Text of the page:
What is not so amusing is to see how our society has evolved into one of celebrity-worship that it has seemingly forgotten the very ethos of our foundations &- justice. One of the prerequisites of civil society is a clear definition of what is right and wrong. Our code of civil and criminal law clearly states that having sex with a minor, consensual or otherwise, is wrong.
Put plainly, this position of celebrity-worship says that right and wrong do not matter if you’re well-known or well-connected, have contributed meaningfully to society, or if your crime was so long ago that no one, not even the victim, cares any more.
Even if one does not ascribe to the concept of ultimate justice, or believe there is a greater truth to appeal to than the rules defined by our society, we are still forced to admit that, logically and by our own set of rules, we can’t let Polanski off the hook. We should not pity Polanski because he worked in the pictures.
If we believe there is a larger truth that exists than the rules made by society, then Polanski must serve his time.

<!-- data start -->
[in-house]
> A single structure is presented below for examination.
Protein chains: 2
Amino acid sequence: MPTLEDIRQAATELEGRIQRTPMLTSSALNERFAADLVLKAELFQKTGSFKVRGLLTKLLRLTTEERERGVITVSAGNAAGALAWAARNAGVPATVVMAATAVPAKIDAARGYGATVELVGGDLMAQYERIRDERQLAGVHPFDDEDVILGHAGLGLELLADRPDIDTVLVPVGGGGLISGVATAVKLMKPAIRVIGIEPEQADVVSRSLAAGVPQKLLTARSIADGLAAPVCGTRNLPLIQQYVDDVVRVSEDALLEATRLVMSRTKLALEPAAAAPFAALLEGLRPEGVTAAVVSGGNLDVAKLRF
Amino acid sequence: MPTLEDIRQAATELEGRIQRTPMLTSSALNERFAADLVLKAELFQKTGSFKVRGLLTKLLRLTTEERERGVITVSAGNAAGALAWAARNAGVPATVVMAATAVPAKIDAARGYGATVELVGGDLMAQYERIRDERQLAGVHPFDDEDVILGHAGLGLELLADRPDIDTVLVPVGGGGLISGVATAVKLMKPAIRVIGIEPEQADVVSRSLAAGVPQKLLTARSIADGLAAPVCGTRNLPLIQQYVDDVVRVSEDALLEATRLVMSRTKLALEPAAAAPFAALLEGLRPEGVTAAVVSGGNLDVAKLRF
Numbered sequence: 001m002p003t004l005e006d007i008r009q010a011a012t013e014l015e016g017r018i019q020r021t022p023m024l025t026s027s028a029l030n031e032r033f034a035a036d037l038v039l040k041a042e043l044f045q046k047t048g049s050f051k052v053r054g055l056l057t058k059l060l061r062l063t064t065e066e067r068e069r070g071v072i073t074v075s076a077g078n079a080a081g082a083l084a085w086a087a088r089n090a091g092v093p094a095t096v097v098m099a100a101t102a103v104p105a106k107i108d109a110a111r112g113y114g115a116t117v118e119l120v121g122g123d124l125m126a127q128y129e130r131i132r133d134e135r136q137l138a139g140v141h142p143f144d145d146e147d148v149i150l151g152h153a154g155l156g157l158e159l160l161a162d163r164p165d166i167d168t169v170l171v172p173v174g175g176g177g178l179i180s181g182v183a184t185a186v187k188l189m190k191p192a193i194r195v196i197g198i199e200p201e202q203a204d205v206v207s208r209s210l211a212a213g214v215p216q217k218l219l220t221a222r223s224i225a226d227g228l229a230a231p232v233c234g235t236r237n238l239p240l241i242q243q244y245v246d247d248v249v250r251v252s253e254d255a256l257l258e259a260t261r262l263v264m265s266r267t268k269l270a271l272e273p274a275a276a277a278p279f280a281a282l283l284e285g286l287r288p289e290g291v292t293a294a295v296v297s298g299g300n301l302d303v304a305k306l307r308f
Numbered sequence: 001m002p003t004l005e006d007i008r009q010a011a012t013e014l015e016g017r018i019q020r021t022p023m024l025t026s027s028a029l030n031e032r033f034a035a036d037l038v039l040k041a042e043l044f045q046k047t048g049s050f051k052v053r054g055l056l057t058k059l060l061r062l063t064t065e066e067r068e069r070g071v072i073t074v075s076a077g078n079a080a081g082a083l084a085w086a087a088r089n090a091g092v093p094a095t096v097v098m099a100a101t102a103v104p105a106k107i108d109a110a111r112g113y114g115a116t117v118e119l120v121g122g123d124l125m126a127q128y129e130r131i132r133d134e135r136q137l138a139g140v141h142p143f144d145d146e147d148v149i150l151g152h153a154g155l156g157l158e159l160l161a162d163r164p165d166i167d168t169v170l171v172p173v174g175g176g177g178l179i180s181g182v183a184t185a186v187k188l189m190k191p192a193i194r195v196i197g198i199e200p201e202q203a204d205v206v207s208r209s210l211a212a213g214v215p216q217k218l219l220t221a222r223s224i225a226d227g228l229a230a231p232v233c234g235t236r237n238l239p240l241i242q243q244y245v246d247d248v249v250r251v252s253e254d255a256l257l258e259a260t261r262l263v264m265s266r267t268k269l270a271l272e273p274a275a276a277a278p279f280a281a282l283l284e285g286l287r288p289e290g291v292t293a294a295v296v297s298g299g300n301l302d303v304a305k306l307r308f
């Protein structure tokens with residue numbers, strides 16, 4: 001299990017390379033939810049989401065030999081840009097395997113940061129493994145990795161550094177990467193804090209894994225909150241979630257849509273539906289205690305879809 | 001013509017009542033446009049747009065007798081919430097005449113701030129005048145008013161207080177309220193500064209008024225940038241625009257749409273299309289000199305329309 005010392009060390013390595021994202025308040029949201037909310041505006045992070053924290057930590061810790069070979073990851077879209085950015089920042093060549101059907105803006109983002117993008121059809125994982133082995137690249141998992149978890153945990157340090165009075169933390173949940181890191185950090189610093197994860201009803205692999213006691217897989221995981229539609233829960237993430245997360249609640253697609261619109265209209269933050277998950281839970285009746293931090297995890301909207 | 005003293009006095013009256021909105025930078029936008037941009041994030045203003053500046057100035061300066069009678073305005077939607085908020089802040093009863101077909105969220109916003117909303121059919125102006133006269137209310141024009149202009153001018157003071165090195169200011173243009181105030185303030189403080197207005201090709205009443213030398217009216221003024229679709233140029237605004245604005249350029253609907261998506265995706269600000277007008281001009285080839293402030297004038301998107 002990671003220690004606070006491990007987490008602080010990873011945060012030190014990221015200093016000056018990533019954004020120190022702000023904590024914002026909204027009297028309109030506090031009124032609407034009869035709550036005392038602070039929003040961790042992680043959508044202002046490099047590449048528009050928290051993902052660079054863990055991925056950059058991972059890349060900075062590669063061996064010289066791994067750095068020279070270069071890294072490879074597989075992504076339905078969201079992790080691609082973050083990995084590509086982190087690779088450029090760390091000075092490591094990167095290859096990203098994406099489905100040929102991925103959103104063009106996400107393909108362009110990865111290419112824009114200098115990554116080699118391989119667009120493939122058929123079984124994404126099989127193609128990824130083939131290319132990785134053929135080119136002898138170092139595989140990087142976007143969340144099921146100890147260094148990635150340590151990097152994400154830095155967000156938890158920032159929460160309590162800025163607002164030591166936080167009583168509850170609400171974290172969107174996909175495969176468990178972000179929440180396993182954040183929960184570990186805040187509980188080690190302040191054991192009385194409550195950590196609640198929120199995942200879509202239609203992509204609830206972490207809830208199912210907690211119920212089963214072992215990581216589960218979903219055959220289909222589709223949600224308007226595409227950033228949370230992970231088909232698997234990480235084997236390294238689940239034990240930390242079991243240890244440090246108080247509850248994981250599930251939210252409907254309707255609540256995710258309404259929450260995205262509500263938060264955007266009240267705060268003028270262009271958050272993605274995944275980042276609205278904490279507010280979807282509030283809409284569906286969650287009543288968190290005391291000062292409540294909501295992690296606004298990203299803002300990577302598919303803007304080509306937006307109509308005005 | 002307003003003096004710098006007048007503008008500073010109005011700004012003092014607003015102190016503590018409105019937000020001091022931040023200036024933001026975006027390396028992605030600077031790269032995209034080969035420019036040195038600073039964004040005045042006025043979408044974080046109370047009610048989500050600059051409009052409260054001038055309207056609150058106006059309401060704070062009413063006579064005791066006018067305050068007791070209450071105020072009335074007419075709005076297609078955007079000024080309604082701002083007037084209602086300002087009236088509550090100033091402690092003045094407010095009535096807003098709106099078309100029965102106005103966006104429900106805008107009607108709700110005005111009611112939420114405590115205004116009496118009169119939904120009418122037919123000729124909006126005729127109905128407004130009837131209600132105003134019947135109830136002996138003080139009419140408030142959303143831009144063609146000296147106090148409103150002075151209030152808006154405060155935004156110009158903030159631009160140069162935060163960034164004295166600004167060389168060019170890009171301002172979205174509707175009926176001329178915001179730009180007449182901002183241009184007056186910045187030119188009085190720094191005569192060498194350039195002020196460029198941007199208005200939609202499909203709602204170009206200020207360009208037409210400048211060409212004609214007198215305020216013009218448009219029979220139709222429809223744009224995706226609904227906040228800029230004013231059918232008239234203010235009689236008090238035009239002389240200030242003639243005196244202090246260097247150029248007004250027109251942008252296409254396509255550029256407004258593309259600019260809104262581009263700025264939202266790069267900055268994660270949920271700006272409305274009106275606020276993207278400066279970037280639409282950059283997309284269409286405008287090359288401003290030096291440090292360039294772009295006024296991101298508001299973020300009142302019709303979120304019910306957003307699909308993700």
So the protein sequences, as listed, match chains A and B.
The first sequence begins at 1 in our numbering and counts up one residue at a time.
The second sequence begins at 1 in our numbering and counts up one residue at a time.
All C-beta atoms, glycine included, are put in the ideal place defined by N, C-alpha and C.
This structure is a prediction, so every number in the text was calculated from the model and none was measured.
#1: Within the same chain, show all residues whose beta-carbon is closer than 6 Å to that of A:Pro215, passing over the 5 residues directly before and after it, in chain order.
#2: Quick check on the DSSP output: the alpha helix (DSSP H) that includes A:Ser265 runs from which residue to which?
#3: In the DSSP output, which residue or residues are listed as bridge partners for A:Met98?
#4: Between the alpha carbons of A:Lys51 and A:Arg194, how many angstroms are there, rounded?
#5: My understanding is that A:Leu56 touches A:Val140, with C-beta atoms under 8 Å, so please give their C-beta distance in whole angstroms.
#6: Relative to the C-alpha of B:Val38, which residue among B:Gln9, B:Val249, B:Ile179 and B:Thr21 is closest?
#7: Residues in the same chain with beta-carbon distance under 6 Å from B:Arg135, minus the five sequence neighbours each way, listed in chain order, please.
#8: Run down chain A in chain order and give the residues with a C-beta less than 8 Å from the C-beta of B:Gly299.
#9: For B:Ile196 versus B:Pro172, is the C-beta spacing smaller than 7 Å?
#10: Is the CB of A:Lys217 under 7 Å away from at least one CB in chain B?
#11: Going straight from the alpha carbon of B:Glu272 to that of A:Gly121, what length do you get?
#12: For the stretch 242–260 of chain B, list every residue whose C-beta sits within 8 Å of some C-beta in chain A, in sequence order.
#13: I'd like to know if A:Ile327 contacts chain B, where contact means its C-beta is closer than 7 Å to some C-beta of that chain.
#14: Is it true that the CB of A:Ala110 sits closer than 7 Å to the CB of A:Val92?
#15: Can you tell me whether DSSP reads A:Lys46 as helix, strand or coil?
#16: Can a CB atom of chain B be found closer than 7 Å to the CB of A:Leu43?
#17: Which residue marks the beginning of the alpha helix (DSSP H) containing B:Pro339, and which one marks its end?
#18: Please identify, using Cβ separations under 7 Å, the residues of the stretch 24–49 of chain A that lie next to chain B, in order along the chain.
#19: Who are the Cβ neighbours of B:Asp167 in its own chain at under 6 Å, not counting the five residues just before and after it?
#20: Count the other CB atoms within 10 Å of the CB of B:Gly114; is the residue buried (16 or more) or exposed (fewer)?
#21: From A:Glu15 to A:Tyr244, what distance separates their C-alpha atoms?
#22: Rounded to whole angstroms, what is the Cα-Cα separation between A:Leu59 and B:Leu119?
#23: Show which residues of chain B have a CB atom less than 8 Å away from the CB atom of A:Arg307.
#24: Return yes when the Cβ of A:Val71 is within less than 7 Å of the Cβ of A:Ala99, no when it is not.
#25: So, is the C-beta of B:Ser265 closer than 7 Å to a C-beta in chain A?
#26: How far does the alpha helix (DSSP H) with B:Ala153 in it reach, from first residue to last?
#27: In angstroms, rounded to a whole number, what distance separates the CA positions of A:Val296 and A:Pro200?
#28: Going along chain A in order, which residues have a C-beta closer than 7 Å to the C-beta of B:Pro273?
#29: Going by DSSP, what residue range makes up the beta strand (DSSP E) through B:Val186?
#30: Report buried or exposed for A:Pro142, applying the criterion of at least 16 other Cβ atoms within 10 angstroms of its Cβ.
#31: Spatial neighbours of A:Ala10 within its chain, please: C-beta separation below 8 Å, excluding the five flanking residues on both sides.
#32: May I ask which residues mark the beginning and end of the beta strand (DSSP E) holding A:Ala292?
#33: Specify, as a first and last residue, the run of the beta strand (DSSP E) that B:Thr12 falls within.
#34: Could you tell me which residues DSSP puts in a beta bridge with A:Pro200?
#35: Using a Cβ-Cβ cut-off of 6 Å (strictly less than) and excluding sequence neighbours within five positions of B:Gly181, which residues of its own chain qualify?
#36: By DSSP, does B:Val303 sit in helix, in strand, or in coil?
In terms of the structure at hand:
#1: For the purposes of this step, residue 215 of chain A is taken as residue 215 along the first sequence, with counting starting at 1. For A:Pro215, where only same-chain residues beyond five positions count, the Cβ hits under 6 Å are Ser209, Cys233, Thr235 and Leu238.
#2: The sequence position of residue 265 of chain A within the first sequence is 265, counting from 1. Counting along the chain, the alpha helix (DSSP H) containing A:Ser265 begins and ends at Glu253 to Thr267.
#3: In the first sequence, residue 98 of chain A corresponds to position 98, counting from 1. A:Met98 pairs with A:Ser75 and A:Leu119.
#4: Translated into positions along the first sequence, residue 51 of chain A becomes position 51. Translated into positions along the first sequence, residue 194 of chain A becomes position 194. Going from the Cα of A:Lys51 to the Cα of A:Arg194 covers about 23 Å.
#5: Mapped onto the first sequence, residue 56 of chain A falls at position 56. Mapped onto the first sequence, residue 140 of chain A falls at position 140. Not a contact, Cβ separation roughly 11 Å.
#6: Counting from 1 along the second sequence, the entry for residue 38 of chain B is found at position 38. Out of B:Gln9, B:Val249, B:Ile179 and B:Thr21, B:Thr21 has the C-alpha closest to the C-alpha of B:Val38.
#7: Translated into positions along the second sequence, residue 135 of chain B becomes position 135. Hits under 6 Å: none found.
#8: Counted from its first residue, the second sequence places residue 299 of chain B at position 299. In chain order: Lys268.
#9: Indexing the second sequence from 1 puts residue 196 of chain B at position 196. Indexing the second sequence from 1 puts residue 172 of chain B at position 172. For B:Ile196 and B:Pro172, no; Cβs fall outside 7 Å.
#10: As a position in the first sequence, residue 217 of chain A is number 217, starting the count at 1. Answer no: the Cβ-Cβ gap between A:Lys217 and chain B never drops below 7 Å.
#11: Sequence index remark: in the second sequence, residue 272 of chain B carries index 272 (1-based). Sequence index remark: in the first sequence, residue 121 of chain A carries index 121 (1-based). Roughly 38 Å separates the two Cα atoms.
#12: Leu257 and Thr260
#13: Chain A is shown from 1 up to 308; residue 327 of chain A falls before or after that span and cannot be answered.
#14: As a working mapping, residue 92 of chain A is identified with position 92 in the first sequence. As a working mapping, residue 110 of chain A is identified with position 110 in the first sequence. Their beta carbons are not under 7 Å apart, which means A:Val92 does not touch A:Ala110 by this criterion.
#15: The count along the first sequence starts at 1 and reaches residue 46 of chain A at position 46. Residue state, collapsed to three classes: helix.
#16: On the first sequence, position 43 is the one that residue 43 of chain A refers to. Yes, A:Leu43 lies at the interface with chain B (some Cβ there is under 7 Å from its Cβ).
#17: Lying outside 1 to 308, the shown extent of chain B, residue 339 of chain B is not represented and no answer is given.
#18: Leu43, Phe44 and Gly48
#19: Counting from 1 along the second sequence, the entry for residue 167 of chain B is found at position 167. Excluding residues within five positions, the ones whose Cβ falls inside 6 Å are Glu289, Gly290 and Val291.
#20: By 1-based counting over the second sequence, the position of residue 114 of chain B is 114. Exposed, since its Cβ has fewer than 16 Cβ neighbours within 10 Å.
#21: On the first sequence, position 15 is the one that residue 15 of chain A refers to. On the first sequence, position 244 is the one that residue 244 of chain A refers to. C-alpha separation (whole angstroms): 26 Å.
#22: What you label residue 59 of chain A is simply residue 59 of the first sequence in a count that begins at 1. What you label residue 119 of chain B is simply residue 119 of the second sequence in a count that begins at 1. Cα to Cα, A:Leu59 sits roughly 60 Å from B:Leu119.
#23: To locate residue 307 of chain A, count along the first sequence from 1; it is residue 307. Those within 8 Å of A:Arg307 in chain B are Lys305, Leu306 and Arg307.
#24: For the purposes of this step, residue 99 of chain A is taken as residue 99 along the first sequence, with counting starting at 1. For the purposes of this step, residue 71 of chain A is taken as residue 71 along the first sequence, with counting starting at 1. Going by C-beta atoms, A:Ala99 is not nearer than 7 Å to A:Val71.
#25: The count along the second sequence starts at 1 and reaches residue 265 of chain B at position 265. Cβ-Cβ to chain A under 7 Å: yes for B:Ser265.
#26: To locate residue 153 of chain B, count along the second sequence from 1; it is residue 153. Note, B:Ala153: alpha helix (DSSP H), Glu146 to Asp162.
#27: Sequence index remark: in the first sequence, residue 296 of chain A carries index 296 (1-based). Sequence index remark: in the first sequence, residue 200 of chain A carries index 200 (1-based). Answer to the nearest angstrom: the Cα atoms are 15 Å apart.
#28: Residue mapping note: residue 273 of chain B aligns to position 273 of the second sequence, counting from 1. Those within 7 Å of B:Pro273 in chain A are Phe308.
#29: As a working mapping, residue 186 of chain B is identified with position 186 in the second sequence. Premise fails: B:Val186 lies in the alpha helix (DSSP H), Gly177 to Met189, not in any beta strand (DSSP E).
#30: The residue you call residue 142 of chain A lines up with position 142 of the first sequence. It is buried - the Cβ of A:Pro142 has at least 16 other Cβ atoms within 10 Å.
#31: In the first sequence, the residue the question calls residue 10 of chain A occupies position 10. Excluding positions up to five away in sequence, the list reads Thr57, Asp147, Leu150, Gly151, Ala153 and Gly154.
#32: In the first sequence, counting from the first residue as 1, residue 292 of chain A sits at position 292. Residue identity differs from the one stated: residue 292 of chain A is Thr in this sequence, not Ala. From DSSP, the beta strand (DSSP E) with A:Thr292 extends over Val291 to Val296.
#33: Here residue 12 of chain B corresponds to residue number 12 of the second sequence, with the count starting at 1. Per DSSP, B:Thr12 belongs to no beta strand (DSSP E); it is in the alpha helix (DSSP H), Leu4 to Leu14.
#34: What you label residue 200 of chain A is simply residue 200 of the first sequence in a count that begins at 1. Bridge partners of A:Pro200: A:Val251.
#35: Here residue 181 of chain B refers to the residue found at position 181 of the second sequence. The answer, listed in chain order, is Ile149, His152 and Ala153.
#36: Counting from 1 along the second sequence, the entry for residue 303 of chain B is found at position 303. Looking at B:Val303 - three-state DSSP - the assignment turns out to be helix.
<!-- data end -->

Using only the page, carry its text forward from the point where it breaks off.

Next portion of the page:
If we believe that justice is a silly old notion that stinks of ancient history and shouldn’t apply to really, really famous and creative people, then we should continue to laud Polanski for his public works and blithely ignore what he does, or did, in private.
We won’t even have to hold our noses as we do it, because if that’s where we stand as a society and as a culture, then we have reached the place where we have truly lost touch with something essential in our humanity, something that makes us a little better than the animals: the knowledge of right, and of wrong.
Raping a child is wrong.
It doesn’t matter if Roman Polanski was famous or a nobody, if his family consider him a good father or he was a pedophile, if was prolific artist or the lowest kind of criminal, whether the crime was committed 30 years ago or one, whether the victim wants retribution or wants simply to forget the incident ever happened, the fact is, he raped a child.
And whether you believe that society is the guardian of the rules, or that justice is a universally acknowledged truth that cannot be shifted by circumstance or society’s mood or temperament, either way, you must admit that Polanski must serve a sentence for his crime. To believe anything else is folly and emptiness.